The following Value Added Tax guidance note Produced by Tolley provides comprehensive and up to date tax information covering:
IP COMPLETION DAY: 11pm (GMT) on 31 December 2020 marked the end of the Brexit transition / implementation period entered into following the UK’s withdrawal from the EU. At this point in time, key transitional arrangements came to an end and significant changes began to take effect across the UK’s VAT and customs regime. This document contains guidance on subjects potentially impacted by these changes. Before continuing your research, see the Brexit — overview guidance note.
This guidance note provides an overview of the unjust enrichment provisions.
Unjust enrichment is the term used to describe a situation where the business would be placed in a better economic position as a result of obtaining the VAT refund than it would be if it had not mistakenly charged VAT on the original transaction (ie the business would get a windfall profit). However, principles of EU law confirms that unjust enrichment can only be successfully invoked where it can be proven on a balance of probabilities that someone other than the claimant effectively bore the economic burden of the wrongly charged tax and that the claimant did not suffer economic loss or damage as a consequence of their mistaken assumptions about the VAT wrongly charged.
With effect from 26 May 2005, HMRC introduced amended legislation which enables HMRC to refuse to repay claims for overpaid output tax made by business if the following applies:
the business has incorrectly charged VAT to its customers
the customer has borne the cost of the incorrectly charged VAT
no loss or damage has been suffered by the business as a result of the error
the business is unable or unwilling to reimburse the customers for the overpaid VAT should a refund by made by HMRC
The unjust enrichment provisions do not apply to claims for input tax (see VR4320)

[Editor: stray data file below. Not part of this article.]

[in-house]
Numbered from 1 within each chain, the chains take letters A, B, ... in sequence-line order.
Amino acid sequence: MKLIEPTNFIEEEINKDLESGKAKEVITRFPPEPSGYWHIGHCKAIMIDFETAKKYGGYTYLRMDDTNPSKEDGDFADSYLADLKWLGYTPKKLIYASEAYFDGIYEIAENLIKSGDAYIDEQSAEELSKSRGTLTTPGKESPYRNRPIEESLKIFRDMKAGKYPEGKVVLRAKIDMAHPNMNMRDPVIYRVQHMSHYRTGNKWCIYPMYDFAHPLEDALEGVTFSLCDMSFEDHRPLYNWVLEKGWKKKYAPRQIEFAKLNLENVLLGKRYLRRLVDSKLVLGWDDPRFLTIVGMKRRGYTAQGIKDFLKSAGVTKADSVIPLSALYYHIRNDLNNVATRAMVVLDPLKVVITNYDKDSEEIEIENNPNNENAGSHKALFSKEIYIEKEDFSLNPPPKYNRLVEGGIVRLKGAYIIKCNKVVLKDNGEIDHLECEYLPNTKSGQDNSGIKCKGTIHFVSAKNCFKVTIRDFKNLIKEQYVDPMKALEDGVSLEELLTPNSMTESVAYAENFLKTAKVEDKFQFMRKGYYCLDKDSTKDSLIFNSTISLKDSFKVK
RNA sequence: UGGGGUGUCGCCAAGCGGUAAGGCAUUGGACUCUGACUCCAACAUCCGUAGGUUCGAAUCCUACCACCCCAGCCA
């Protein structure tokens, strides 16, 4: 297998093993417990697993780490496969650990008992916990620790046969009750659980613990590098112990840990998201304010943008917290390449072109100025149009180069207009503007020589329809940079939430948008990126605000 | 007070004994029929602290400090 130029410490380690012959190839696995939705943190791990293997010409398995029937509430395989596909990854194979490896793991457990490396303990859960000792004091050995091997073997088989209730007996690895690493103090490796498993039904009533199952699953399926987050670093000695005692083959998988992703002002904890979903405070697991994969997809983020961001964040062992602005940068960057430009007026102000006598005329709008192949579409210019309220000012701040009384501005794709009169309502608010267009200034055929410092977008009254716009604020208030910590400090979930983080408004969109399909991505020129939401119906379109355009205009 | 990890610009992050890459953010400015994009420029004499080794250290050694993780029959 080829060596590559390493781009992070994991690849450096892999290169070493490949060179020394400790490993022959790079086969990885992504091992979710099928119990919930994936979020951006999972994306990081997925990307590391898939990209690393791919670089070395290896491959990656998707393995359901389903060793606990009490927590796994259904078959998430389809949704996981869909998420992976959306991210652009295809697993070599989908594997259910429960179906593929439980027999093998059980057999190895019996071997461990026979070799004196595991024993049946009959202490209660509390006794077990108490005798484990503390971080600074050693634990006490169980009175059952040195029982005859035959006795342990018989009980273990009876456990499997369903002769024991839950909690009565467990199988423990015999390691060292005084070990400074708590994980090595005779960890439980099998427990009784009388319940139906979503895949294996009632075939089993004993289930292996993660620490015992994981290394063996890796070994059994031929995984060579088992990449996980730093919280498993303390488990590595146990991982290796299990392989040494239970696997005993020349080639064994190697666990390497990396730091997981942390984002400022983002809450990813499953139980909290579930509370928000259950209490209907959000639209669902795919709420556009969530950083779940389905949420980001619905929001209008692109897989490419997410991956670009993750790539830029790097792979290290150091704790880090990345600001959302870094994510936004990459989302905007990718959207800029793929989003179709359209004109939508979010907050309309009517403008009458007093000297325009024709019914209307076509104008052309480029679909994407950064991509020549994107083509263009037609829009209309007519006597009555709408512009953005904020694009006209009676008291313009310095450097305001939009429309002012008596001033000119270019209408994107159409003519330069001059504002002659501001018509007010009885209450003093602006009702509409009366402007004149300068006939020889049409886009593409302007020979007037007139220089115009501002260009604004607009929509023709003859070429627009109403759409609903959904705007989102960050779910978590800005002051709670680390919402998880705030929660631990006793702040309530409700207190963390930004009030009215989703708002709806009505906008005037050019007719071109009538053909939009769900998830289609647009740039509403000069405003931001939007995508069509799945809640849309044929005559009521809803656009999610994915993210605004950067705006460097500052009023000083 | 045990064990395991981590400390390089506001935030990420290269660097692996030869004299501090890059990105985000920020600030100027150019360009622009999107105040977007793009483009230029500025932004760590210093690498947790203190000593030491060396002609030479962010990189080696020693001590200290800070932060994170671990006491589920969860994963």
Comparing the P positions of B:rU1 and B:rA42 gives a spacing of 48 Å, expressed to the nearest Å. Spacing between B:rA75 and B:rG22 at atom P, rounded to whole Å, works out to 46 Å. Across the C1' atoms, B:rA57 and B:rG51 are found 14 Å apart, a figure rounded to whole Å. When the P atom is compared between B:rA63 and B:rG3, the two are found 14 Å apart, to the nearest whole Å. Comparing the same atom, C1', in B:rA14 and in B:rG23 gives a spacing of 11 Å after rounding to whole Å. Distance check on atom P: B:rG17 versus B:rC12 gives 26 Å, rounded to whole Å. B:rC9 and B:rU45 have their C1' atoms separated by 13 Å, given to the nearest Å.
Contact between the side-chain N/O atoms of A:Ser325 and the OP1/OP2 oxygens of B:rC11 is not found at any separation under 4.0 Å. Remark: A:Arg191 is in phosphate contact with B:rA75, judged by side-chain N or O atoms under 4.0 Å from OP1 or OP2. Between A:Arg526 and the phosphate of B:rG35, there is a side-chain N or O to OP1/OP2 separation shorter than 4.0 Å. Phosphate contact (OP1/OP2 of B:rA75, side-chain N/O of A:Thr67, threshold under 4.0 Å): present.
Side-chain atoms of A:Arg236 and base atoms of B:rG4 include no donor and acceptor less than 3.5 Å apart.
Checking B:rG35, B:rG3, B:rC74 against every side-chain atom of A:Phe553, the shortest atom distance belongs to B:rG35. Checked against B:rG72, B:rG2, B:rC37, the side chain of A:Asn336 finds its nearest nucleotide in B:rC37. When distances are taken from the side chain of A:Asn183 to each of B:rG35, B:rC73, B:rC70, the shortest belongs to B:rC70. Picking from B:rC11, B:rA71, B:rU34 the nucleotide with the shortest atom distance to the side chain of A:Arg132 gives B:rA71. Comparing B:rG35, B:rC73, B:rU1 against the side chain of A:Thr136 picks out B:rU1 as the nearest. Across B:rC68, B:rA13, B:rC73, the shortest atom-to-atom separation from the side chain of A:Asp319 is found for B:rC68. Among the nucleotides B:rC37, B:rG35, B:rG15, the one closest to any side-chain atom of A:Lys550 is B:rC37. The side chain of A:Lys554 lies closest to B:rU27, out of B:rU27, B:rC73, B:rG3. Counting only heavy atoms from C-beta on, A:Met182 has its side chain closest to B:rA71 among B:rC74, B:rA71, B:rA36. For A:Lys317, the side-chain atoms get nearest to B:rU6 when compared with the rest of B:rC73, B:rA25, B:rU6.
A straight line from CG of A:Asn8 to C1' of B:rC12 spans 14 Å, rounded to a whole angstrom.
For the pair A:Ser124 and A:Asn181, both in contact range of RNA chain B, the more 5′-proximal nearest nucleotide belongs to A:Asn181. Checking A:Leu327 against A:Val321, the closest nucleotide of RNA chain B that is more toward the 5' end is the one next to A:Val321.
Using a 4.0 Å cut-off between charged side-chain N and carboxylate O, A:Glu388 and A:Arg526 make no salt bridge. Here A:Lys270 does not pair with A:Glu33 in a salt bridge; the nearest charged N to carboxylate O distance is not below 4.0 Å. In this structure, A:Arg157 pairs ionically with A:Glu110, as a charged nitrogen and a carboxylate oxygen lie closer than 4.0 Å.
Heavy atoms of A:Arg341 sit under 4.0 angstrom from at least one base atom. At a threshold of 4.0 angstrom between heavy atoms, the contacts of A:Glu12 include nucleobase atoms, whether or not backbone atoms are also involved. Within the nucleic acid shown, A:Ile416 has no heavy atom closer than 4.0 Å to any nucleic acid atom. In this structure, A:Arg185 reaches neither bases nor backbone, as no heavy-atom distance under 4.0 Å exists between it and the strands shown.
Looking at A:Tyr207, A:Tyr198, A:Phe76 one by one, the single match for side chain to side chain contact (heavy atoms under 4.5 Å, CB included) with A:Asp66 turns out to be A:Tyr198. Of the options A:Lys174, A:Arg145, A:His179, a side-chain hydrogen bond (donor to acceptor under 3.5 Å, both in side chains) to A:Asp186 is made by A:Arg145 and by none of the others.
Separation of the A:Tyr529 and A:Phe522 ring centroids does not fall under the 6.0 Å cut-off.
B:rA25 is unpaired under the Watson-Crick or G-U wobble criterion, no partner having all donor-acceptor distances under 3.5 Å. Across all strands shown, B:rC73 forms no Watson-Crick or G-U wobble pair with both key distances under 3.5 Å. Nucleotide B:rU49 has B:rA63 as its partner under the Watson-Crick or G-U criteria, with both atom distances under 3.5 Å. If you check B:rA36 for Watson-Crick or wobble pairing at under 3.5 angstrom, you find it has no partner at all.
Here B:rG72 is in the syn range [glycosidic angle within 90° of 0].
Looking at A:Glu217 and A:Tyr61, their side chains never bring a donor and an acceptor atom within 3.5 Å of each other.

The unjust enrichment provisions can be applied to all or part of a claim for overpaid output tax. Therefore, if a
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Legislative definition of plant and machineryThe general rule allowing capital allowances on plant and machinery is given at CAA 2001, s 11. There is no statutory definition of the term ‘plant and machinery’ but there is confirmation in the legislation on what constitutes a building or a structure
Notices of coding are the means by which HMRC notifies both the employee and the employer of the tax code to be applied to the employee’s earnings. There are several types of coding notice, as detailed below. Only one of these types of notice, form P2, is sent to the employee, the others are sent to
This guidance note explains how to calculate the amount of tax that arises under the lifetime charge. In general terms the lifetime charge will apply to individuals who transfer property into a trust that is subject to the relevant property regime. See the Chargeable transfers and Occasions of
Terminal loss relief for trade losses in the final 12 monthsTrading losses incurred by a company in the final 12 months leading up to the discontinuance of trade may be carried back for up to three years from the period beginning immediately before that 12-month period. So if the final accounting